Tagashira S; Kurose S; Kimura Y;
Heart and vessels [Heart Vessels] 2021 Jan 23. Date of Electronic Publication: 2021 Jan 23.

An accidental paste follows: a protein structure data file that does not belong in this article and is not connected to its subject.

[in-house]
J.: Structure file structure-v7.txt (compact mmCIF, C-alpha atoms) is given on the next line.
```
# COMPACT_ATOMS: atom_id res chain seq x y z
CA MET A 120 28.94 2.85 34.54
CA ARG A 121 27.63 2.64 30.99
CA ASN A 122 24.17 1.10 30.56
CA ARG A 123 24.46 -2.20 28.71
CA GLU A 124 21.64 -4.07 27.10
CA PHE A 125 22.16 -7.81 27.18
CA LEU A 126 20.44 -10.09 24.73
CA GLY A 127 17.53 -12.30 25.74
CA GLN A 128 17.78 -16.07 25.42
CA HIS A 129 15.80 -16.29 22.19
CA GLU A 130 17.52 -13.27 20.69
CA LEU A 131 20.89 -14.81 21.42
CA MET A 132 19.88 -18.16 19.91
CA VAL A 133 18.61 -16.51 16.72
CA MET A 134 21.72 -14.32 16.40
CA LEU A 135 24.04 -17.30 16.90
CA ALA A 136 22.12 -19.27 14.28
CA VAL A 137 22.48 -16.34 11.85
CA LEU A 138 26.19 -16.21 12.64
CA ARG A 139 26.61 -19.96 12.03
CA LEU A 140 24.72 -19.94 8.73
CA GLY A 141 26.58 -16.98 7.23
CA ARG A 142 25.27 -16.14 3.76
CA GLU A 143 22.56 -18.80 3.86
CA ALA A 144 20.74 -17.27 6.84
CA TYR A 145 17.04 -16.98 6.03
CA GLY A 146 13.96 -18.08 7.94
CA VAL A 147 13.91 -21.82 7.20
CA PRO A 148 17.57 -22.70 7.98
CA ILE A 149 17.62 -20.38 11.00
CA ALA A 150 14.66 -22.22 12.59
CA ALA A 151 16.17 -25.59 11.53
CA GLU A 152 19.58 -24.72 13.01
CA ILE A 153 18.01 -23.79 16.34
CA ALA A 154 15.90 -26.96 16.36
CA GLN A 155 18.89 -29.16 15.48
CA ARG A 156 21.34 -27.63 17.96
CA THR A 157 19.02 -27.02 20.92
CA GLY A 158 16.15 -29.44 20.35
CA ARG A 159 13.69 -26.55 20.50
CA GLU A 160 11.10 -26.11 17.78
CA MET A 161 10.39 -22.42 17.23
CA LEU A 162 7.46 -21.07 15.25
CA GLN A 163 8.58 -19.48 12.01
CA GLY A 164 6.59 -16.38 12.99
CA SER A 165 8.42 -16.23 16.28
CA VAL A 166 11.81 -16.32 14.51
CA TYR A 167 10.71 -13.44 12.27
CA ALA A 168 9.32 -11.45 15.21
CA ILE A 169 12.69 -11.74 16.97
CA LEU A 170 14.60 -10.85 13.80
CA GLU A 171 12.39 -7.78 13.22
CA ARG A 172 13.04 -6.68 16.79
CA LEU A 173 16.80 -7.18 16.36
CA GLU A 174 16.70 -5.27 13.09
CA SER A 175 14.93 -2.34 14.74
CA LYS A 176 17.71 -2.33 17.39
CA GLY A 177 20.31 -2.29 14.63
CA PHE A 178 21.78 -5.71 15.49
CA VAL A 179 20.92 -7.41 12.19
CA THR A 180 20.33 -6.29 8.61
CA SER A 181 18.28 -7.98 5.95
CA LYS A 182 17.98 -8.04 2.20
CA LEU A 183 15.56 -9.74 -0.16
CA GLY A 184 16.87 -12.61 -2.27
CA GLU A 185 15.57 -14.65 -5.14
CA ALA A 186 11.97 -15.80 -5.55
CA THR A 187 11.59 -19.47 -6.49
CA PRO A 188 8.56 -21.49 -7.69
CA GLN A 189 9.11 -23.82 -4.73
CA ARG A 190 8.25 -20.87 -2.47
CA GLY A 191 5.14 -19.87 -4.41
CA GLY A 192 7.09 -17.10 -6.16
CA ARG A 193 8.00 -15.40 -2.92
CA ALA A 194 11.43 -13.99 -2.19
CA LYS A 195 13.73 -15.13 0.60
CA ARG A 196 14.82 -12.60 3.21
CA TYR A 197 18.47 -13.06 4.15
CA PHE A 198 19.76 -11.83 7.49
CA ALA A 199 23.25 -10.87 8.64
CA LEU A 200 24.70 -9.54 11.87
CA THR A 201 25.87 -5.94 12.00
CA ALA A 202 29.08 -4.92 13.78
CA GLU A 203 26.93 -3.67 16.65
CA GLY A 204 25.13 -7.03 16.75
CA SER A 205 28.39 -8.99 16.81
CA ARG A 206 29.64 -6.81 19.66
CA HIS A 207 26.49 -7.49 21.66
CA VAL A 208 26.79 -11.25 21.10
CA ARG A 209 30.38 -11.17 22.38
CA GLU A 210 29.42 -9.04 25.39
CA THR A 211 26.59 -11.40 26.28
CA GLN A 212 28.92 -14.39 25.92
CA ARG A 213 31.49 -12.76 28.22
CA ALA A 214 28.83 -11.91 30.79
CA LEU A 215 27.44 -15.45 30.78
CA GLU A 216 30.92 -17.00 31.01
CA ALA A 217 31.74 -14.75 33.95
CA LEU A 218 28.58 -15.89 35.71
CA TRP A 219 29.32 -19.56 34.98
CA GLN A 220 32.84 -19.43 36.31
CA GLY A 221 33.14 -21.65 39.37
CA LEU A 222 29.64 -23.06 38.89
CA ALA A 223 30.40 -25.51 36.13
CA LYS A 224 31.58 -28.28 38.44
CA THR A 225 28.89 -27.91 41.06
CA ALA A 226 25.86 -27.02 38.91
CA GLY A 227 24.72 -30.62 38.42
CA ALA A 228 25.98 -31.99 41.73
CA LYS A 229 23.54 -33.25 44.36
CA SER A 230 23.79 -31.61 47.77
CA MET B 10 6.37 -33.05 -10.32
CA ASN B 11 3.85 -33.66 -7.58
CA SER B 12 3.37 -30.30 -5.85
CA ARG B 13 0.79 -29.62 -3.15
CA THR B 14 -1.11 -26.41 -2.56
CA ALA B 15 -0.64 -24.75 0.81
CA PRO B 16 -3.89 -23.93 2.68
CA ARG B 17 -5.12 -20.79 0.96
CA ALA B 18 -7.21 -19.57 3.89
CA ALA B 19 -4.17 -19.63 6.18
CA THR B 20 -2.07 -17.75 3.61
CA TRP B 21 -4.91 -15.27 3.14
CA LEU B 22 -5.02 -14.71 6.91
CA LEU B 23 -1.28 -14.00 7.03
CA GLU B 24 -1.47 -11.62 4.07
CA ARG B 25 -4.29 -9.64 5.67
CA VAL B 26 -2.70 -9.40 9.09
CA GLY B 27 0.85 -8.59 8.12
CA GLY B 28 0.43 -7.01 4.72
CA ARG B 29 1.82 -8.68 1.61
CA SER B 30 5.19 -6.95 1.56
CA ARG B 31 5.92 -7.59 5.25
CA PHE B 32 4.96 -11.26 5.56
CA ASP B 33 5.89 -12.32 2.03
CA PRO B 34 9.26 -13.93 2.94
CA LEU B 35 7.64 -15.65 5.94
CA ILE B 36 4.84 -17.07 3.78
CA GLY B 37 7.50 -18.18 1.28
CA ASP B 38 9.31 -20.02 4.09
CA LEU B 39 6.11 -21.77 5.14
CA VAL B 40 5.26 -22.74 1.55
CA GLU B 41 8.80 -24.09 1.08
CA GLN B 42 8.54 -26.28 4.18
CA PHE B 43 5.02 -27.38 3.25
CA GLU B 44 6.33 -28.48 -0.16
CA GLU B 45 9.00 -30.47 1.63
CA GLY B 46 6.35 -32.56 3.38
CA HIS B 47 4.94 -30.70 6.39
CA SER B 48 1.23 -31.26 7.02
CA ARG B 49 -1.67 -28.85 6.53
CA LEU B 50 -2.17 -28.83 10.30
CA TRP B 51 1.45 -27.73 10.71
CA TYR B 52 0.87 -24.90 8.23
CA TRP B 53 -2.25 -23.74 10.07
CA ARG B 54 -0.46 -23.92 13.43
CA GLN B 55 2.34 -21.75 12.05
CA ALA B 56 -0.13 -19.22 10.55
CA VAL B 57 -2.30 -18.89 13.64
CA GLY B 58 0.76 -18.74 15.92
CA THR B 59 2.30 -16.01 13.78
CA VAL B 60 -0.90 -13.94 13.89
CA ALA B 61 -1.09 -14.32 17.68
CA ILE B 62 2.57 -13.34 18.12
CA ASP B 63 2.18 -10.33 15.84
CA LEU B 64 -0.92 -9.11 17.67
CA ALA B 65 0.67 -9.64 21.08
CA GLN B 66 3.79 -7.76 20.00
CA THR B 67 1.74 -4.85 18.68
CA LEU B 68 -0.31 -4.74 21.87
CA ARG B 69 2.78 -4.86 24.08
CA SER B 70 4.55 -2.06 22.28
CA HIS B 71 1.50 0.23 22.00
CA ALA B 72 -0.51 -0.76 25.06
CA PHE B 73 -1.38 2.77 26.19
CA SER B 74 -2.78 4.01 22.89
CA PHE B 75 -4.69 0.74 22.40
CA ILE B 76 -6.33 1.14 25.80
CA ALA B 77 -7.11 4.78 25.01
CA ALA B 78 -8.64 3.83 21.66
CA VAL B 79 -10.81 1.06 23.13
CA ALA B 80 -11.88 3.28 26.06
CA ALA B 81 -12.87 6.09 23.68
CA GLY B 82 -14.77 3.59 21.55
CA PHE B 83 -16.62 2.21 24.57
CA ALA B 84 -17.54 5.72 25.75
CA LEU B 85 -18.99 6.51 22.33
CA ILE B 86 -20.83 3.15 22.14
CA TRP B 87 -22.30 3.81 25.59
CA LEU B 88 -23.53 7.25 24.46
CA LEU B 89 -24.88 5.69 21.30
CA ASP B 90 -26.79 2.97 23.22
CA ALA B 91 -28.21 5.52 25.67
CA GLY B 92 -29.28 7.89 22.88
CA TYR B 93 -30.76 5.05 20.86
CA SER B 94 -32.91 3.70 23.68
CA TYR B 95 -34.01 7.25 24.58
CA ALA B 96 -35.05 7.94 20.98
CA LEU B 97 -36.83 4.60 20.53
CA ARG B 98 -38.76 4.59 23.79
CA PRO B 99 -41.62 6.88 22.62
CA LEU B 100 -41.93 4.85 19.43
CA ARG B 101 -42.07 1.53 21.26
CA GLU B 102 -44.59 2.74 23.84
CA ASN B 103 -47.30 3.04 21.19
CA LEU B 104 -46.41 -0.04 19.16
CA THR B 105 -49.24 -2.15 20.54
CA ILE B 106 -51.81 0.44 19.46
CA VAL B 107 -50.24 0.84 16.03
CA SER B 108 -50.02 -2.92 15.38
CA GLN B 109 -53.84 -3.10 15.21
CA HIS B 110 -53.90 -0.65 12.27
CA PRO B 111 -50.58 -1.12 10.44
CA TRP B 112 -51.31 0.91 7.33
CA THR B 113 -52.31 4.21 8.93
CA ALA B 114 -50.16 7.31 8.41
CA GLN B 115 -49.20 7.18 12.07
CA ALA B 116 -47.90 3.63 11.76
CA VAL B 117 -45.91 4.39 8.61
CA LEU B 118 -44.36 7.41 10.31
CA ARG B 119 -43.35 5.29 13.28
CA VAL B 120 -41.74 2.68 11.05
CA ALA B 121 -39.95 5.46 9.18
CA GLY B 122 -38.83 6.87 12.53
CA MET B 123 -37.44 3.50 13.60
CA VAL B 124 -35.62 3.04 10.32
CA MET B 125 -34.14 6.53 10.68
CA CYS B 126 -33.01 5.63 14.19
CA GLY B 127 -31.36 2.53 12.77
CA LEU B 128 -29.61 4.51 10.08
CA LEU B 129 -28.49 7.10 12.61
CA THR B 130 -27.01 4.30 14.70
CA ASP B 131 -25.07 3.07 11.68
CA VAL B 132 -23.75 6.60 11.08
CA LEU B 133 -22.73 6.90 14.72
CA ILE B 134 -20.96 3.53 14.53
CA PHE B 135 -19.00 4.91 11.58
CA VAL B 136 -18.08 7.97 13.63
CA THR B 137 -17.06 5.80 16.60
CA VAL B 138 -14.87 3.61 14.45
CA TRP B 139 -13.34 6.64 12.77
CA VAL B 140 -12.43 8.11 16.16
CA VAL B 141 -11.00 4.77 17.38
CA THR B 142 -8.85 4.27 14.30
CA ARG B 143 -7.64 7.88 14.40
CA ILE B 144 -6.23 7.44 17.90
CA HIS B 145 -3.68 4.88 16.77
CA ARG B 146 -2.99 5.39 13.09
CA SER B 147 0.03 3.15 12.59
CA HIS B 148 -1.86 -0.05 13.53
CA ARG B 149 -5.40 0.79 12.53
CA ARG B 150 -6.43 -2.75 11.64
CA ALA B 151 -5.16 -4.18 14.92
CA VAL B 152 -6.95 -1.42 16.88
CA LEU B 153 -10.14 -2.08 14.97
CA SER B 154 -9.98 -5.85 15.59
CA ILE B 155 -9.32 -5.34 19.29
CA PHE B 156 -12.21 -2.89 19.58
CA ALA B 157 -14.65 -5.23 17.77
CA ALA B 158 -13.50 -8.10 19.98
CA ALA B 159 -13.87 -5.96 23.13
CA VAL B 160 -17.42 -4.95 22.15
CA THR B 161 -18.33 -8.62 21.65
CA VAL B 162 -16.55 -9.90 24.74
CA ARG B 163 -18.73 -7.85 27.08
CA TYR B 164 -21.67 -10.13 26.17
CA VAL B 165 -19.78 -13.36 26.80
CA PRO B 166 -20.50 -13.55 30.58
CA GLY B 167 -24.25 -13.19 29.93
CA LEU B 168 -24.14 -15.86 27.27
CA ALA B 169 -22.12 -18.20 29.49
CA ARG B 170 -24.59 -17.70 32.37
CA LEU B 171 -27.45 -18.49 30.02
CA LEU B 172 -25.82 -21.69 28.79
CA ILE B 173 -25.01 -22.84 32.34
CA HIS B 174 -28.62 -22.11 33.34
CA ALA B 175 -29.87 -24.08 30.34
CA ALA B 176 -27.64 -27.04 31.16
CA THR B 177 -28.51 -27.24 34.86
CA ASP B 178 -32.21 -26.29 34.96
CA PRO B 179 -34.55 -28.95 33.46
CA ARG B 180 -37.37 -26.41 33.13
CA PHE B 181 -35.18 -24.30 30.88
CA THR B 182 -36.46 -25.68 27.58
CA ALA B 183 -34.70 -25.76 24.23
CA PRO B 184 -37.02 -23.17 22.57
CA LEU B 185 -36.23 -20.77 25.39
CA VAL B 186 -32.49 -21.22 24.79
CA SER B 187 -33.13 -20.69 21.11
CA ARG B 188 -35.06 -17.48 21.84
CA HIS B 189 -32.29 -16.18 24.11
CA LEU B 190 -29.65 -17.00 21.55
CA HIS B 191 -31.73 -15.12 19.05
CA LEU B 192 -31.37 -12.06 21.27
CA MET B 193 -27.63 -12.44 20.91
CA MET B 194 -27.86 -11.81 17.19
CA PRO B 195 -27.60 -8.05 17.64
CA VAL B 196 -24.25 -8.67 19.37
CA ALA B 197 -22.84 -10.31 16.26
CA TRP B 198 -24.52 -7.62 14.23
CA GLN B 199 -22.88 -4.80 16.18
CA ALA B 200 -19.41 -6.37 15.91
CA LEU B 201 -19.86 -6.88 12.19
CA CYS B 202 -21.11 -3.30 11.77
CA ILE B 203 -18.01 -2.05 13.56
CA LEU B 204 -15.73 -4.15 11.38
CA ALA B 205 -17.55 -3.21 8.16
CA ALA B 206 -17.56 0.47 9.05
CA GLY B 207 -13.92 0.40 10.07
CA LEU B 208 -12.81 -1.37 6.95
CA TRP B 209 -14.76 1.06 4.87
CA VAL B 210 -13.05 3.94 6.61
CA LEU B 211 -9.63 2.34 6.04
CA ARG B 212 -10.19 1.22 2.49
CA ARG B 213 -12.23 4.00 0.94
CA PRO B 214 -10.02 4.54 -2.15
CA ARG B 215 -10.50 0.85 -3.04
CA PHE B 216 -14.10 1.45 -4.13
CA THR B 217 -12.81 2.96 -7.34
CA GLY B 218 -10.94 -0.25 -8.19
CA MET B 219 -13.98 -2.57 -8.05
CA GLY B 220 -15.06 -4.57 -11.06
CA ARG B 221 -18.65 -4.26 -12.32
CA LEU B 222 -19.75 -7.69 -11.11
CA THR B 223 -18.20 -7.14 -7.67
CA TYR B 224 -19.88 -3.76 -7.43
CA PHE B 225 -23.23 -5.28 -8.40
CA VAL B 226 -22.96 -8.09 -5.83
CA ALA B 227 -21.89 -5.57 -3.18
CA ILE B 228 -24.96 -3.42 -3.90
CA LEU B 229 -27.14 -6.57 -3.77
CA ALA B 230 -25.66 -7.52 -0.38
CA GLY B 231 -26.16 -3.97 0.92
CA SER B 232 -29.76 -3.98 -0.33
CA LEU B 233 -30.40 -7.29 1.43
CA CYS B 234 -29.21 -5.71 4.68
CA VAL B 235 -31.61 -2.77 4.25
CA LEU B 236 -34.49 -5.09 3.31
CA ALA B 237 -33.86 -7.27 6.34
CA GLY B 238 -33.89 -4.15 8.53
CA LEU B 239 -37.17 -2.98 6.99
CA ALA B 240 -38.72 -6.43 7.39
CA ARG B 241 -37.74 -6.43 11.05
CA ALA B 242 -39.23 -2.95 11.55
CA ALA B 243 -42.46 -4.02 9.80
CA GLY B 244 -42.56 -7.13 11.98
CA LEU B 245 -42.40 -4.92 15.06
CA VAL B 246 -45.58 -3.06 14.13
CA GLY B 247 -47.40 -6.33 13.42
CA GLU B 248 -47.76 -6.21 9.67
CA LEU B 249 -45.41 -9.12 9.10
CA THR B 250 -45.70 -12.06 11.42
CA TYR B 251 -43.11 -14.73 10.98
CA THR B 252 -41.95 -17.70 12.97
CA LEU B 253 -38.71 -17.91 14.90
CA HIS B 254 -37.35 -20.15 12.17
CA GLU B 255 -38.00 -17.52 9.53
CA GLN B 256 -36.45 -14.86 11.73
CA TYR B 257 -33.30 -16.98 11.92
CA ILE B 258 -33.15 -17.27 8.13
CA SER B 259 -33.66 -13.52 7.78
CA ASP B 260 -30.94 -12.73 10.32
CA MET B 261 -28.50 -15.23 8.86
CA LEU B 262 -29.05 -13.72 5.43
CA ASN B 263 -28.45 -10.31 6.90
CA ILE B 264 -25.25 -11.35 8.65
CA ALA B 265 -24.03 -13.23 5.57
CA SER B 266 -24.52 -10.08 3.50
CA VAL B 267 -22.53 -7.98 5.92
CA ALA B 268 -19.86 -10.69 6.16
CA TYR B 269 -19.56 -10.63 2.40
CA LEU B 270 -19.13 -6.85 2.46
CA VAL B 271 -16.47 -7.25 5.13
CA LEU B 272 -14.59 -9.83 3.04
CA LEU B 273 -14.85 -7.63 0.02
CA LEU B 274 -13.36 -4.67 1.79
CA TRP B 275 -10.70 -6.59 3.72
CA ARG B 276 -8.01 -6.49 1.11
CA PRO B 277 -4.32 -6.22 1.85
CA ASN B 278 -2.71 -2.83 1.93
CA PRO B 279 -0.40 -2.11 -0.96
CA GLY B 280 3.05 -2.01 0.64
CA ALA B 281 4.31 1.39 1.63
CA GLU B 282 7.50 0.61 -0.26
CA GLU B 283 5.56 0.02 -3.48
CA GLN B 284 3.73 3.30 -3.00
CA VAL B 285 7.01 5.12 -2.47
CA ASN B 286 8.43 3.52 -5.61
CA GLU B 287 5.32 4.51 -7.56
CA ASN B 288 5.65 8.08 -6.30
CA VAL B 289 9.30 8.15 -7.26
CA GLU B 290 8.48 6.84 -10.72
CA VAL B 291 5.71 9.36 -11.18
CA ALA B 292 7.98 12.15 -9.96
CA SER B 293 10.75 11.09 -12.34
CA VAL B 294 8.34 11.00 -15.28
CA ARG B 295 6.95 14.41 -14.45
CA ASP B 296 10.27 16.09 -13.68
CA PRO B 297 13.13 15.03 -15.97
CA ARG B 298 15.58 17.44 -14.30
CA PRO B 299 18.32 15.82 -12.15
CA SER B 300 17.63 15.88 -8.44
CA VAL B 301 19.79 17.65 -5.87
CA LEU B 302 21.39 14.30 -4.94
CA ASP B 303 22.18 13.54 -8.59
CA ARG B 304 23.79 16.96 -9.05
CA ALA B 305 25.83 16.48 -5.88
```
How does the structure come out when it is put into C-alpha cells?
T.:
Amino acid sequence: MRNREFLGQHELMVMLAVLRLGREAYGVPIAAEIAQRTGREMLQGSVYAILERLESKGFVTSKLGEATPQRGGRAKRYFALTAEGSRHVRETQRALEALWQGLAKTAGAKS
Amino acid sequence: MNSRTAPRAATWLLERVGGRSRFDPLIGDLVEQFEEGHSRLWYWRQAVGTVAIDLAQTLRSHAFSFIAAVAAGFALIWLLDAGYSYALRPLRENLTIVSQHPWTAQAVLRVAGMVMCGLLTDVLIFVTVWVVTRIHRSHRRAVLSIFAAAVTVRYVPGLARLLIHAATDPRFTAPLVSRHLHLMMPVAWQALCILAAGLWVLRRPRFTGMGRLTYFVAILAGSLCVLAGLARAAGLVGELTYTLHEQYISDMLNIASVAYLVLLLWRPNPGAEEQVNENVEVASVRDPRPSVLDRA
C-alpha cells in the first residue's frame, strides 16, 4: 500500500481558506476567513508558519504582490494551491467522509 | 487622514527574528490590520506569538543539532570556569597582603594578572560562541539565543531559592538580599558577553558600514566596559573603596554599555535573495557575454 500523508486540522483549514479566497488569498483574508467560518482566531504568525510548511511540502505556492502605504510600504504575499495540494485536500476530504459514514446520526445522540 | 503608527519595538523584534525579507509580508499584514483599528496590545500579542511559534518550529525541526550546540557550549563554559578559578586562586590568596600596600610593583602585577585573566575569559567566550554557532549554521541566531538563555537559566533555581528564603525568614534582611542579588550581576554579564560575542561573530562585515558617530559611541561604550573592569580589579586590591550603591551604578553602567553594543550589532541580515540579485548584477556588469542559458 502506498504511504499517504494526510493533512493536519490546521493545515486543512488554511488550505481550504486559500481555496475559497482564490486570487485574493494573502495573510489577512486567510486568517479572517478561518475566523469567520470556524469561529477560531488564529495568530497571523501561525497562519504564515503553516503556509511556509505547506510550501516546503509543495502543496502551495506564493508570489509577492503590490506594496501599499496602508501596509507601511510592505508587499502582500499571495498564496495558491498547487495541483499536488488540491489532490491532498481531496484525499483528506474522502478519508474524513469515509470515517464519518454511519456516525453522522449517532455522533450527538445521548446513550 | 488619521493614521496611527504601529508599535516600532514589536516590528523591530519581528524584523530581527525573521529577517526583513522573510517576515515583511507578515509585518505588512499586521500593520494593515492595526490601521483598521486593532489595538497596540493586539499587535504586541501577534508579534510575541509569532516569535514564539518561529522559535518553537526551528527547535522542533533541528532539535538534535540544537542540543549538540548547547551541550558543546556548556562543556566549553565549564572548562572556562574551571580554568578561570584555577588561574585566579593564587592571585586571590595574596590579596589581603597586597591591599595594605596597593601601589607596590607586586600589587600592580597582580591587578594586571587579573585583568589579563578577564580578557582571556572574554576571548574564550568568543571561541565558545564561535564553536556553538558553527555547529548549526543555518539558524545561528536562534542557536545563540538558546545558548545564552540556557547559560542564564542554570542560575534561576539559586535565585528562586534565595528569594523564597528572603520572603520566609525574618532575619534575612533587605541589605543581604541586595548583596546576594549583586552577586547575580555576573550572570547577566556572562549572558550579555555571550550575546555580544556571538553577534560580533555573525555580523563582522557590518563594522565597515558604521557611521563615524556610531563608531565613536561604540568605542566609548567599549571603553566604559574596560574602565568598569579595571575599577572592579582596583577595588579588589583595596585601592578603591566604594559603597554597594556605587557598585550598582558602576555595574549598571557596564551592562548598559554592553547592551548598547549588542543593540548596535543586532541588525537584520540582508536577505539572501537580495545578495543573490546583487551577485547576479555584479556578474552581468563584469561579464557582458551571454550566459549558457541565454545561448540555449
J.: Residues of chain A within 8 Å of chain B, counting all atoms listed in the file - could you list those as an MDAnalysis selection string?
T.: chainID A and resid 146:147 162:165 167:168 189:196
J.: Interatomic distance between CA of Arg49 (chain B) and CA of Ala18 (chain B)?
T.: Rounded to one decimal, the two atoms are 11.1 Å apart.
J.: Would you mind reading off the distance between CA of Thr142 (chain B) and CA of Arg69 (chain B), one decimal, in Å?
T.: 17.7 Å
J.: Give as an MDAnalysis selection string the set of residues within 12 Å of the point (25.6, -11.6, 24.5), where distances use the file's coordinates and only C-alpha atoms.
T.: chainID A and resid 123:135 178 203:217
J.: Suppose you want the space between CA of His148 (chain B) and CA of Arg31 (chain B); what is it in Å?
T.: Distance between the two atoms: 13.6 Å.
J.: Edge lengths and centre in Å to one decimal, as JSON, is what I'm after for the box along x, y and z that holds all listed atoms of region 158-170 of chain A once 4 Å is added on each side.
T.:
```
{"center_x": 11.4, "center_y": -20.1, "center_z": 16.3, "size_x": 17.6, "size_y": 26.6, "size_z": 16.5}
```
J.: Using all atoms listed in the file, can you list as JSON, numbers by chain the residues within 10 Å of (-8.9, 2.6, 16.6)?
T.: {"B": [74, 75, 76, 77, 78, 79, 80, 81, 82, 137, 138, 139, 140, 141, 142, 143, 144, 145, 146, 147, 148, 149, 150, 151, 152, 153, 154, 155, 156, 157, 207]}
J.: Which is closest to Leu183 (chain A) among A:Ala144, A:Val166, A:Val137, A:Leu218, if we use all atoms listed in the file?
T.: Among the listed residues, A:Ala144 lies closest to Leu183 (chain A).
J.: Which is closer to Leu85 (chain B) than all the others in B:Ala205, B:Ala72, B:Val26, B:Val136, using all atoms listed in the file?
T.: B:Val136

Anaerobic threshold (AT) from cardiopulmonary exercise tests (CPX) is the standard for measuring exercise intensity among patients with cardiovascular disease in Japan. However, it remains controversial whether AT represents the safety limit for exercise intensity in patients with cardiovascular disease. The purpose of this study was to investigate cardiac rehabilitation (CR) efficacy and safety with exercise intensities above the AT and at a traditional AT in a randomized trial. The participants included 57 patients who were admitted to the outpatient CR unit with a diagnosis of acute myocardial infarction. The participants were randomly divided as follows: 25 patients in the AT group, who performed aerobic exercises with an intensity at the AT; and 32 patients in the “Over AT” group, who performed exercises at an intensity higher than the AT. The following components were measured: maximum oxygen uptake (peak VO 2 ), oxygen uptake at the AT (AT VO 2 ), increase in oxygen uptake during exercise (ΔVO 2 /ΔWR) during the CPX, vascular endothelial function test (%FMD: the percentage of flow-mediated dilation), and isometric knee extension strength. The measurements were obtained at the start of the exercise therapy and after 2, 3, and 4 months. They were compared within and between groups, and the correlation between the rates of improvement was investigated. Peak VO 2 , AT VO 2 , ΔVO 2 /ΔWR, and %FMD had significantly improved after 3 months in both groups. The isometric knee extension strength had improved in the “Over AT” group after 2 months. Interactions were observed with peak VO 2 , ΔVO 2 /ΔWR, and isometric knee extension strength. However, %FMD was not significantly different between the groups. In the “Over AT” group, the rate of improvement in peak VO 2 was positively correlated with the improvement in the isometric knee extension strength (r = 0.61, p < 0.001), but not with %FMD. These data suggest that exercise at an intensity above the AT improved exercise tolerance faster than that at the AT, and this improvement rate was associated with changes in isometric knee extension strength.